This project aims to develop a method of diagnosing pancreatic cancer from the analysis of infrared (IR) signatures of blood. This approach has the potential to satisfy the urgent clinical need for an early diagnosis of this disease, a major problem that must be overcome in order to reducing mortality.
Pancreatic ductal adenocarcinoma (PDAC) is the most lethal of the common cancers, with overall five-year survival around 5% to 7%, and its incidence is disproportionally high in the Liverpool area. For 80% of patients, the diagnosis of PDAC comes after the disease has spread to the liver and other organs, limiting treatment options. When patients are eligible for surgery, work led by Liverpool and others show that the five-year survival reaches 30% and above, compared to <5% for unresectable patients. Thus, strategies to enhance early detection of PDAC are urgently required .
The PhD student will be a key member of a strong interdisciplinary team of physicists (Peter Weightman and Stephen Barrett) that have recently developed a patented machine learning algorithm (MLA) for the diagnosis of oral cancer [2,3] and pancreatologists (Eithne Costello, Christopher Halloran and Pedro Perez-Mancera) with a long track record of research on pancreatic cancer.
The physics group have shown that the application of the MLA to infrared spectral images of tissue can predict whether oral lesions will become malignant with an accuracy of 80% [4,5]. This is a significant advance on current histopathological techniques which at best are only accurate to 40%, less than tossing a coin and failing 60% of patients. This research was funded by Cancer Research UK and the National Institute of Health and Care research has recently made an award to develop prototype of a device, the Liverpool Diagnostic Infrared Wand (LDIR Wand), to translate this advance into clinic. If this PhD research project is successful in developing a diagnostic for PDAC from the analysis of blood then the LDIR Wand would be cheap and accurate method of exploiting this advance.
The key to this project is that the pancreatologists, who have been working on pancreatic cancer for >20 years [6,7], have developed a large biobank of samples from over 4,500 patients treated for pancreatic disorders and additional samples will be available from relevant disease and healthy control subjects.
The strategy is to use IR spectroscopy to detect exosomes (EVs) in blood. EVs are found in many body fluids and which have been shown to carry macromolecular signatures, including nucleic acids, proteins and metabolites, specific to their cell of origin from their release point to distant parts of the body. Evidence suggests that they are important in intercellular communication under normal physiological conditions and in many disorders, including cancer. Their presence in extracellular fluids make them ideal as a source of biomarkers in liquid biopsies and they thus have merit in the development of high throughput, minimally invasive preliminary screening tests. It is expected that the sensitivity and specificity of biomarkers based solely on data from EVs will not be sufficient in themselves to categorically identify patients with underlying PDAC. Rather, it is intended that the IR biomarkers will augment the current biomarkers of early detection by the production of a multivariate model.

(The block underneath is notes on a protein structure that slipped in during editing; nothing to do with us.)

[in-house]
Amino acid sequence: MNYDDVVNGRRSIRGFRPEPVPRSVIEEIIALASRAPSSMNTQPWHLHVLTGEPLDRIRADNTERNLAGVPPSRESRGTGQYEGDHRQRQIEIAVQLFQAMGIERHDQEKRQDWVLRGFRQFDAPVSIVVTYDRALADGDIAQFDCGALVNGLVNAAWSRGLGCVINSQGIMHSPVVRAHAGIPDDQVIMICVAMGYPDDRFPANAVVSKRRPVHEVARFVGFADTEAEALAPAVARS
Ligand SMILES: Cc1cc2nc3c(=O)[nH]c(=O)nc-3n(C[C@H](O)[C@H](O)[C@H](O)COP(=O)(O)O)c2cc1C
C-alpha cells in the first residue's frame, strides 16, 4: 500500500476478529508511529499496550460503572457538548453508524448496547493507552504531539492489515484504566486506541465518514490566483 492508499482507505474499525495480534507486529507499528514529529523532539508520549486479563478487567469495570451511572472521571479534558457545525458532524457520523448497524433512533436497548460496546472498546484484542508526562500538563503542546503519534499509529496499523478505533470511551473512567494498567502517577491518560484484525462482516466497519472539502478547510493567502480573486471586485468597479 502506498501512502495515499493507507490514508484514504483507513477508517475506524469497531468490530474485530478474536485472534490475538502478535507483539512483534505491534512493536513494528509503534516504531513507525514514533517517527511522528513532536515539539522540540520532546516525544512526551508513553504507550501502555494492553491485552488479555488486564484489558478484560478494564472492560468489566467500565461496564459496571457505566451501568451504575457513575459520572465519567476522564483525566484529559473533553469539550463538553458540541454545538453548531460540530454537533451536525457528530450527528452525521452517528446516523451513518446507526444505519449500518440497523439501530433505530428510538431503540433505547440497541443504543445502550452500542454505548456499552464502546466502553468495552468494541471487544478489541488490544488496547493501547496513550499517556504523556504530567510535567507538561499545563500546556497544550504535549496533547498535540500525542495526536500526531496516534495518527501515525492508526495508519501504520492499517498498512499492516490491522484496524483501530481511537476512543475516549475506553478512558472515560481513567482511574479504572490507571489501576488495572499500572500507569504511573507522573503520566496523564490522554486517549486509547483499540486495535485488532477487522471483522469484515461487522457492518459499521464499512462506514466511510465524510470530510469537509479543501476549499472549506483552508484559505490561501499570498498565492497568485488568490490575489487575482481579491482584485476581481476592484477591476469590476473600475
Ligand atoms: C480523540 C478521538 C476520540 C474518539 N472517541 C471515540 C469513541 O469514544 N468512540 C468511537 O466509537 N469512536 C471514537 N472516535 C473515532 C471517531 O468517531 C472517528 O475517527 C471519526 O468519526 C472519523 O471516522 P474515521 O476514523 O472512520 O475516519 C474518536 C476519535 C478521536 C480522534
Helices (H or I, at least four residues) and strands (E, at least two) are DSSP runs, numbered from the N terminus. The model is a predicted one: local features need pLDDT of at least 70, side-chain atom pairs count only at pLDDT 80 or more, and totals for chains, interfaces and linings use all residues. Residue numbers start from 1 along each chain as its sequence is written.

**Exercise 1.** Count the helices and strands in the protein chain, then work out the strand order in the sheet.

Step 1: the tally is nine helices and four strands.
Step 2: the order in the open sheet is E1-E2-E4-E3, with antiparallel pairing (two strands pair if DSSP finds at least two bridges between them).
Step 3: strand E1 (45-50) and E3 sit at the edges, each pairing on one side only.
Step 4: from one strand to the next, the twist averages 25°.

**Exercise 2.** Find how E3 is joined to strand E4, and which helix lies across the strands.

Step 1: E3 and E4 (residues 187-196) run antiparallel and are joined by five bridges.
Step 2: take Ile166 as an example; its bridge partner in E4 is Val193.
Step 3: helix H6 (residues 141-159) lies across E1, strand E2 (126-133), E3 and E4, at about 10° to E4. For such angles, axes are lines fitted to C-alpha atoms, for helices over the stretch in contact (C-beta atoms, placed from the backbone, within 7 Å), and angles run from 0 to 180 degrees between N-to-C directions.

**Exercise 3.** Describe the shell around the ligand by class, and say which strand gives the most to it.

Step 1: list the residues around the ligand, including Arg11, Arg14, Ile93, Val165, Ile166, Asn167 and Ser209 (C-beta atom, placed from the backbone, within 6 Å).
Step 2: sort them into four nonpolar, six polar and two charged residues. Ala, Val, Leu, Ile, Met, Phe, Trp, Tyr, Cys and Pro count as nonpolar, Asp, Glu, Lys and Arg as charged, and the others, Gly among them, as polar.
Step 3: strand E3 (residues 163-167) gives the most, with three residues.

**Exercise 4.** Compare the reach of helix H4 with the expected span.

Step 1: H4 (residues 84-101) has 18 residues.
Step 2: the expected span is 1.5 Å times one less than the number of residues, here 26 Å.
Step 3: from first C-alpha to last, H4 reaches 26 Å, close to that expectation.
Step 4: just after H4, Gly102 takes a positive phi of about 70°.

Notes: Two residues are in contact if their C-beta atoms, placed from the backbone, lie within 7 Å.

Please apply via this link and ensure you quote the following reference on your application: PPPR035 - Early diagnosis of pancreatic cancer utilizing an IR fingerprint of exosomes in blood.
Open to students worldwide
An application has been submitted to the EPSRC DTP allocation of PhD studentships to the condensed matter group of the physics department of the University of Liverpool. The project will be strongly interdisciplinary by design, and aligns with the faculty ‘healthcare technology’ theme.
1 S.P. Pereira et. al. Lancet Gastroenterol Hepatol. 7 698 (2020)
2 J. Ingham et. al. Infrared Physics and Technology 102 103007 (2019)
3 J. Ingham et. al. WIPO Patent Application: PCT/GB2019/050998 5/4/19.
4 B.G. Ellis et. al. PLoS One 17 e0266043 (2022)
5 J. Ingham et. al. IOP SciNotes 3 034001 (2022)
6 L. N. Barrera et. al. Cancer Res. 80 2861 (2020)
7 C. Jenkinson et. al. Clin. Can. Res. 22 1734 (2016)